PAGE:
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Chinese public voice opposition against HK Occupy Central

Updated: Oct 5,2014 12:23 PM     Xinhua

Chinese people from all walks of life have voiced their strong denouncement and opposition against the illegal gatherings of the Occupy Central movement in Hong Kong over these days.

The Occupy Central movement has seriously affected the social order in Hong Kong and runs counter to the rule of law, said Beijing citizen Zhao Qing.

“Organizers of the movement just holds the interests of all Hong Kong people as hostage for personal good of a handful of people, which are very despicable,” Zhao said.

Prof. Chen Duanhong, with the Law School of the Peking University, said that the Occupy Central organizers, out of certain political purposes, are using the rhetoric such as “civil disobedience” as a disguise to instigate people to trample on the law.

Victor Zhikai Gao, a director of China National Association for International Studies, told Xinhua that he believes that the current movement, including illegal blocking of traffic and serious disturbance to citizens’ daily life, is “obviously off limits to a peaceful and legitimate exercise of citizens’ rights.”

“Democracy must be built on the basis of rule of law, and democratic rights should also be practiced by lawful means. What the Occupy Central protesters are doing is trying to ask for their so-called ‘democracy’ by measures to undermine the rule of law, a ridiculous paradox,” he said.

Gao said he has confidence in the Hong Kong government’s proper handling the situation.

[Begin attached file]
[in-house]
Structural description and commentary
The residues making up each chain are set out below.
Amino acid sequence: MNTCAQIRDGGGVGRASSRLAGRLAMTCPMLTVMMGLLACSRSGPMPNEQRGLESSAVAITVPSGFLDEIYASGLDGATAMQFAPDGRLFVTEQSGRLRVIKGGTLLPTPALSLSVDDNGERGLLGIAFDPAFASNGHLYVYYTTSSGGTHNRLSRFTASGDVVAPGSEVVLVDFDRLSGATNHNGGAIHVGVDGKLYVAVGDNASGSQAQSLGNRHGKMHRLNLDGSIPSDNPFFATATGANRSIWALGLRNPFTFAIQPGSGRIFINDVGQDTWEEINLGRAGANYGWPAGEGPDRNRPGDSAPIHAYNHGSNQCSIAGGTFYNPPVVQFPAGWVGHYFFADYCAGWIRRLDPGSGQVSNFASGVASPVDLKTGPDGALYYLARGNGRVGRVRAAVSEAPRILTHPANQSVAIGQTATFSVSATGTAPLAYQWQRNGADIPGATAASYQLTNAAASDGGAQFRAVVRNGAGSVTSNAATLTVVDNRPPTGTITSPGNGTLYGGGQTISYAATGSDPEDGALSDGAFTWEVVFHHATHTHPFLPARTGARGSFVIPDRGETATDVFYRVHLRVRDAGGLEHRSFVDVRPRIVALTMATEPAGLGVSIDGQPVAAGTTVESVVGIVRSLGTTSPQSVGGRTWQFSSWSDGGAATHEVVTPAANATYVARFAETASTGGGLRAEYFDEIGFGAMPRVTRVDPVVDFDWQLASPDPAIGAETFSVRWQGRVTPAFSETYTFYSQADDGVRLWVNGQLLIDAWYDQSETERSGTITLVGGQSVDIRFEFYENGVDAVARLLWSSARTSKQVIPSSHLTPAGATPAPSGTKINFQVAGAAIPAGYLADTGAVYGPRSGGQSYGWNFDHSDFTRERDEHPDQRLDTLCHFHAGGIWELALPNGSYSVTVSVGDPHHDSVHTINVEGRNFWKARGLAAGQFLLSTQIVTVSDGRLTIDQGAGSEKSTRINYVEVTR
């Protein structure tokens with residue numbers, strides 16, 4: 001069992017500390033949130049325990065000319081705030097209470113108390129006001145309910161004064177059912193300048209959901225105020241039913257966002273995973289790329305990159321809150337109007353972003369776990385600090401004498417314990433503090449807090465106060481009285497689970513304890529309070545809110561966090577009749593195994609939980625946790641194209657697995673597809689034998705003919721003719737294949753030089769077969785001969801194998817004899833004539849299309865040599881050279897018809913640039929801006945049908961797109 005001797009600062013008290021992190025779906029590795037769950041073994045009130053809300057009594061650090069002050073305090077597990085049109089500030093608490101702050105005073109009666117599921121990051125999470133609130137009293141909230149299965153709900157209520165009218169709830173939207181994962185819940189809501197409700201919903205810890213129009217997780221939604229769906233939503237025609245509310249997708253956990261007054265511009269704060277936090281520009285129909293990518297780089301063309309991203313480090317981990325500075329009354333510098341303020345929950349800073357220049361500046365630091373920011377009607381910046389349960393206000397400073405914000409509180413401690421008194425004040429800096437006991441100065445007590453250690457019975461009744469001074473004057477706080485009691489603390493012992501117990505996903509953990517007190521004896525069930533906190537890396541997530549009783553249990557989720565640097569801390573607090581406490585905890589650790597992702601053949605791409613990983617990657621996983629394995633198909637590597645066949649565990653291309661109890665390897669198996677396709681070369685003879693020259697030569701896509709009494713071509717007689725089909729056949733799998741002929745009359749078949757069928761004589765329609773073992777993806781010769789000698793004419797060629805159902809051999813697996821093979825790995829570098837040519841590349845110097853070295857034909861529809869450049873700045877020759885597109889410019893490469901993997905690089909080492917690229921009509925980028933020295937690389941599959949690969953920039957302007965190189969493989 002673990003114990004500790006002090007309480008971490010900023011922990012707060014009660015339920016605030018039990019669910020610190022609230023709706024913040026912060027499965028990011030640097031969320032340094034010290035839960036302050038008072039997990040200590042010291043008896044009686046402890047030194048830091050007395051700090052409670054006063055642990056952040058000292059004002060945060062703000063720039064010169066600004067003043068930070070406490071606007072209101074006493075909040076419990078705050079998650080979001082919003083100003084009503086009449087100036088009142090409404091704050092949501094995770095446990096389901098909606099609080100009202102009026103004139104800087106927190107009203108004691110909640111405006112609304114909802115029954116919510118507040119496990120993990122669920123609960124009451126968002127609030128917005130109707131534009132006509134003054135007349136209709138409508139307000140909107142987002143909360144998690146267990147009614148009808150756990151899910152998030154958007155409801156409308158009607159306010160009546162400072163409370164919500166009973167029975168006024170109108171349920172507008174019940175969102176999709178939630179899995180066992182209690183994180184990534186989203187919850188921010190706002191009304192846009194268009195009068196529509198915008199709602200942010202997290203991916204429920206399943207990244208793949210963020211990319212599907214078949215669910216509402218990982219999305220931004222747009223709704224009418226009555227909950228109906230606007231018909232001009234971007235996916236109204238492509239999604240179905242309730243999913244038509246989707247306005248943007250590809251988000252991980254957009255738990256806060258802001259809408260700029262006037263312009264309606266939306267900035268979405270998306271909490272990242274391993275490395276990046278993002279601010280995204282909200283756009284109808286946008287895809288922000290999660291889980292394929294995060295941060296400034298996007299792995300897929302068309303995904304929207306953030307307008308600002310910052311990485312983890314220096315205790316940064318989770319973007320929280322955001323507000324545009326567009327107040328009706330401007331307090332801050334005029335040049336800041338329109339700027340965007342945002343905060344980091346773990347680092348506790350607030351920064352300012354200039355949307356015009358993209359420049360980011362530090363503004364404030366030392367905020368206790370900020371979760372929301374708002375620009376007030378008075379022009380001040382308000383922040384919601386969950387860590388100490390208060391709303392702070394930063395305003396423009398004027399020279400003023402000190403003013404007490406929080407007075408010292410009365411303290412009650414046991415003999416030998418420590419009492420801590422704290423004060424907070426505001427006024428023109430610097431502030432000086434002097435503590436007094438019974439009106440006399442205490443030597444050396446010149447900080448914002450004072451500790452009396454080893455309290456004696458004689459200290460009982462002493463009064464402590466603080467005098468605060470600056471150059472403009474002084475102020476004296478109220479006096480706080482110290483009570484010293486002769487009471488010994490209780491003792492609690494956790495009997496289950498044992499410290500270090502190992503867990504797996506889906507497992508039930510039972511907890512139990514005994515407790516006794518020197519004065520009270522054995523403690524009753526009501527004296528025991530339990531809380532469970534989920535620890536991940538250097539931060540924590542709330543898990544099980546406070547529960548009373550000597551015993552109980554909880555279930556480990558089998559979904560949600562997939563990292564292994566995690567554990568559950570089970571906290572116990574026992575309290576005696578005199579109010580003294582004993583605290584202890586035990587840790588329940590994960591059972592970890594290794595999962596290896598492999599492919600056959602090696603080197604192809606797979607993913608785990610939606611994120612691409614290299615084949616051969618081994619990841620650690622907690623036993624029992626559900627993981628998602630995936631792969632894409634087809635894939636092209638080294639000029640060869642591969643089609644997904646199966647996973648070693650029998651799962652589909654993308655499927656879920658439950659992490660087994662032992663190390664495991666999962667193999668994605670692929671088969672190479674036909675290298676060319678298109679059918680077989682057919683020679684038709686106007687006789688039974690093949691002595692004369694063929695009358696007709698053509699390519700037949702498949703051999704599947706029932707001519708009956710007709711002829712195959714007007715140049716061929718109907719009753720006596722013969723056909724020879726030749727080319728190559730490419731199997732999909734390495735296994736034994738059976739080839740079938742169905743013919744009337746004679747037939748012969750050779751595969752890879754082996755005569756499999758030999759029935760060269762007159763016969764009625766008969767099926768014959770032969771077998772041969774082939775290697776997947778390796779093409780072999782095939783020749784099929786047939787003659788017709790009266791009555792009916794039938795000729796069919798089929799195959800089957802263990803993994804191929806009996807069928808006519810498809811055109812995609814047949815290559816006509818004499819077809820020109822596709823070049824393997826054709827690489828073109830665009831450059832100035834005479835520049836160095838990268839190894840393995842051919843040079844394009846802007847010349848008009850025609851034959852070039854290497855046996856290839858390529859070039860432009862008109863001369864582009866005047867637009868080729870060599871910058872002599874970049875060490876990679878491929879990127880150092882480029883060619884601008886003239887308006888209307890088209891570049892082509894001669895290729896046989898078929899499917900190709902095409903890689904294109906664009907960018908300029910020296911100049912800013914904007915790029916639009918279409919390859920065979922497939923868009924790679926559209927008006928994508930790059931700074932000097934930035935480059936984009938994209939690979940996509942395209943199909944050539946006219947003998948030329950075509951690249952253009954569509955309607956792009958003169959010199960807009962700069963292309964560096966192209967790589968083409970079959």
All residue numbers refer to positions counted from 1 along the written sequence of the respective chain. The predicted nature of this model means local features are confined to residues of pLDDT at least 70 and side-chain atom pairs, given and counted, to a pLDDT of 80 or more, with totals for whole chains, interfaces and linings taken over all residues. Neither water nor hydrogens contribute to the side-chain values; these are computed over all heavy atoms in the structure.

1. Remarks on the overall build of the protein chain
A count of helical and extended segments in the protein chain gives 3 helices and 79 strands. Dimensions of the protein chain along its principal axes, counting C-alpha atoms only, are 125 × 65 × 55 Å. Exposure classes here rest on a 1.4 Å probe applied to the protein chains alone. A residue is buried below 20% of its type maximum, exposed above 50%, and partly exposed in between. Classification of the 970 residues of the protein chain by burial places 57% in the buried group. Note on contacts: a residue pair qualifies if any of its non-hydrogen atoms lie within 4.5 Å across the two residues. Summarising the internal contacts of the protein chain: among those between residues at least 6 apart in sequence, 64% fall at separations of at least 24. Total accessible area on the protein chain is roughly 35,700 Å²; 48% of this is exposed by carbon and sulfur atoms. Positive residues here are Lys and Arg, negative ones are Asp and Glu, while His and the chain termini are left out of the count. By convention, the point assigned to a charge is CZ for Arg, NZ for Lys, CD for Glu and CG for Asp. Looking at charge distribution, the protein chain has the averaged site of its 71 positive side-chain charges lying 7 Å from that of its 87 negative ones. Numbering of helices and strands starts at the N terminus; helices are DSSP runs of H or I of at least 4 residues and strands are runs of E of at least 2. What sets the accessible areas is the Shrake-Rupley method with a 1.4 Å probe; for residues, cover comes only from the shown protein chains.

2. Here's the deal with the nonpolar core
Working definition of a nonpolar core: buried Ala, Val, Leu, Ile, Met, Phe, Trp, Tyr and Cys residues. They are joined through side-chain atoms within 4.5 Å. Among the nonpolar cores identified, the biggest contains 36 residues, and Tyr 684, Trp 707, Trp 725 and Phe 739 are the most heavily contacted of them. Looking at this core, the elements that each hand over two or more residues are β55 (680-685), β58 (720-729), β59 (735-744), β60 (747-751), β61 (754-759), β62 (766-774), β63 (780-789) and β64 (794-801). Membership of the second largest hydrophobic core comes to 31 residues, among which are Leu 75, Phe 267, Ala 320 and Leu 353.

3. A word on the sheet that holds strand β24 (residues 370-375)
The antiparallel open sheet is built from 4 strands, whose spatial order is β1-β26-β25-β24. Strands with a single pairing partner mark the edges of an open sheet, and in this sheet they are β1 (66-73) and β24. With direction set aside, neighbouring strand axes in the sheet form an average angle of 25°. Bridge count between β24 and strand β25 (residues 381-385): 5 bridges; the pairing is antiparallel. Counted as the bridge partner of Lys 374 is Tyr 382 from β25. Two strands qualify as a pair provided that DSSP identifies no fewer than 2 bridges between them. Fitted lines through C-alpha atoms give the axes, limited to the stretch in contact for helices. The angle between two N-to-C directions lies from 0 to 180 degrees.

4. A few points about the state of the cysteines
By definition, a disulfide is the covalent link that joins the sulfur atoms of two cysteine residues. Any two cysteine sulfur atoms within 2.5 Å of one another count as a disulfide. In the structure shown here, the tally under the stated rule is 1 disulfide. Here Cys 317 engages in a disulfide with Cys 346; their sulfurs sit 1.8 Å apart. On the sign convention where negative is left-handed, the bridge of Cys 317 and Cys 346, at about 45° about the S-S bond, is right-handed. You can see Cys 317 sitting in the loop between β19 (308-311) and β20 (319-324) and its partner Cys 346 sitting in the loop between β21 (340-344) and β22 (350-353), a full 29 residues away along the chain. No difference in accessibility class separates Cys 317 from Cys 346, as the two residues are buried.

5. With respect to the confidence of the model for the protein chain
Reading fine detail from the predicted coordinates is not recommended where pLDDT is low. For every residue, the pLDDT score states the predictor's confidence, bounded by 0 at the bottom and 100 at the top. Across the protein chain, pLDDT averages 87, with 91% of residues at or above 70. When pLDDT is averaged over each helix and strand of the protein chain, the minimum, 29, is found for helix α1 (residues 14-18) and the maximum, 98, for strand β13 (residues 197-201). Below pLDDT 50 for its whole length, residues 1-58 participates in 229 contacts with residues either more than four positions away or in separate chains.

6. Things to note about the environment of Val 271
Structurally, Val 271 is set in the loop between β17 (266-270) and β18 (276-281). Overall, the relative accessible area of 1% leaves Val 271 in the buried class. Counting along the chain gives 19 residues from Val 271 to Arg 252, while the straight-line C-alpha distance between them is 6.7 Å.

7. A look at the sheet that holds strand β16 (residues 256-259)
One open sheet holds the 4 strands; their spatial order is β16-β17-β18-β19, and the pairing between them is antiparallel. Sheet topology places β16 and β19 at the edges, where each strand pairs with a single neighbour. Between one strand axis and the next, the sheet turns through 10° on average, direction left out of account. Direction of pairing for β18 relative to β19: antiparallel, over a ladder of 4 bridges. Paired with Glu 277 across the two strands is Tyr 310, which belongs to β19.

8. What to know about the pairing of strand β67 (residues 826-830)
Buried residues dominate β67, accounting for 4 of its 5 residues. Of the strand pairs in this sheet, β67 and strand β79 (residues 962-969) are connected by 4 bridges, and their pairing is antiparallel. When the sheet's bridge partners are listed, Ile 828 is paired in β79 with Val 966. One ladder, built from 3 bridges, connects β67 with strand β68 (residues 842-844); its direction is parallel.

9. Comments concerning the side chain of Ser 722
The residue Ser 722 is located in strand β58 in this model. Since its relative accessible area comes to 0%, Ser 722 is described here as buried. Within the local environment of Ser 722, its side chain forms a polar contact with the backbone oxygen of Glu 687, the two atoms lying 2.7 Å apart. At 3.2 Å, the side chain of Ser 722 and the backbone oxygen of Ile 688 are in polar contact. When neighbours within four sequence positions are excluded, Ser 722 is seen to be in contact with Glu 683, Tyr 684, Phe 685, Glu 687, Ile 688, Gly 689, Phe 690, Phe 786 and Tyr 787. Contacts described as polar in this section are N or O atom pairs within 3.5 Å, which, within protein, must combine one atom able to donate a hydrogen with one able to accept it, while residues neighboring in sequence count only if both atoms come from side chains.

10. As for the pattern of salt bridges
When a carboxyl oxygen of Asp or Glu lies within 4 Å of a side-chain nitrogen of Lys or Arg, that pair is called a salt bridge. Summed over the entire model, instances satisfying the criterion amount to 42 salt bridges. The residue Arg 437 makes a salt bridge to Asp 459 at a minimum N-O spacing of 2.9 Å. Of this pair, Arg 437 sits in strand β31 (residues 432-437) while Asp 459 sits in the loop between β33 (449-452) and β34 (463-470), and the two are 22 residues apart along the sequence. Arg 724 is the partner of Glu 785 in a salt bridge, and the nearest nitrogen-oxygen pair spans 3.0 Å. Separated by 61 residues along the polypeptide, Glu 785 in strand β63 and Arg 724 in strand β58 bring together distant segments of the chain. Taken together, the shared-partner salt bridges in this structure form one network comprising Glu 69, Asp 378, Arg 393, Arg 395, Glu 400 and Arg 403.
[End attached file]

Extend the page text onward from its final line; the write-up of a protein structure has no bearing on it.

The ongoing protests have affected the city’s business and tourism. Wang Luguo, a businessman in neighboring Guangdong province, told Xinhua that companies would have to stop doing business in Hong Kong if the protest continued.

“For our own profits, we have to minimize the damage. We will have to stop exporting and importing goods via Hong Kong,” said Wang, who has done such trades between Hong Kong and Guangdong for years.

“As an export-oriented economy, Hong Kong needs stable and safe market environment,” he said. “Who is gonna pay the price for current situations? I think ordinary Hong Kong residents and businesses will pay at last.”

Lin Dan, a community leader of southeastern Chinese city of Fuzhou, said his neighbors are worrying about the security in Hong Kong and have canceled their holiday travel plans.

“We have been following what happened in Hong Kong on news. Many of us thought such things should not have happened. Hong Kong people should trust the central government,” Lin said. “I hope those taking part in the protest will come to their sense shortly.”

Li Zhensheng is a villager from Rongzhong village in southeast China’s Fujian province, where many families have relatives in Hong Kong. “We are angry about the protest. Hong Kong is a free society but should have rules.”

“The Occupy Central movement is obviously manipulated by certain political forces,” said Zhang Nianchi, director of the Shanghai Institute for East Asian Studies, “I believe most Hong Kong people, including young students, will not be used by these forces. I hope they can tell the right from wrong and value the interests of the whole Hong Kong society.”

Since the policy of “One Country, Two Systems”, a great creation of the Chinese, was implemented in Hong Kong 17 years ago, the city has been one of the best business hubs in the world, said Zhou Hanmin, a national political adviser based in Shanghai.

“Hong Kong people and its economy will be the first to suffer from the current unrest. Any places with close business links with Hong Kong would not like to see it,” he said.

To realize the universal suffrage smoothly, Hong Kong should work with the central government and rely on joint efforts of all Hong Kong people, he said.

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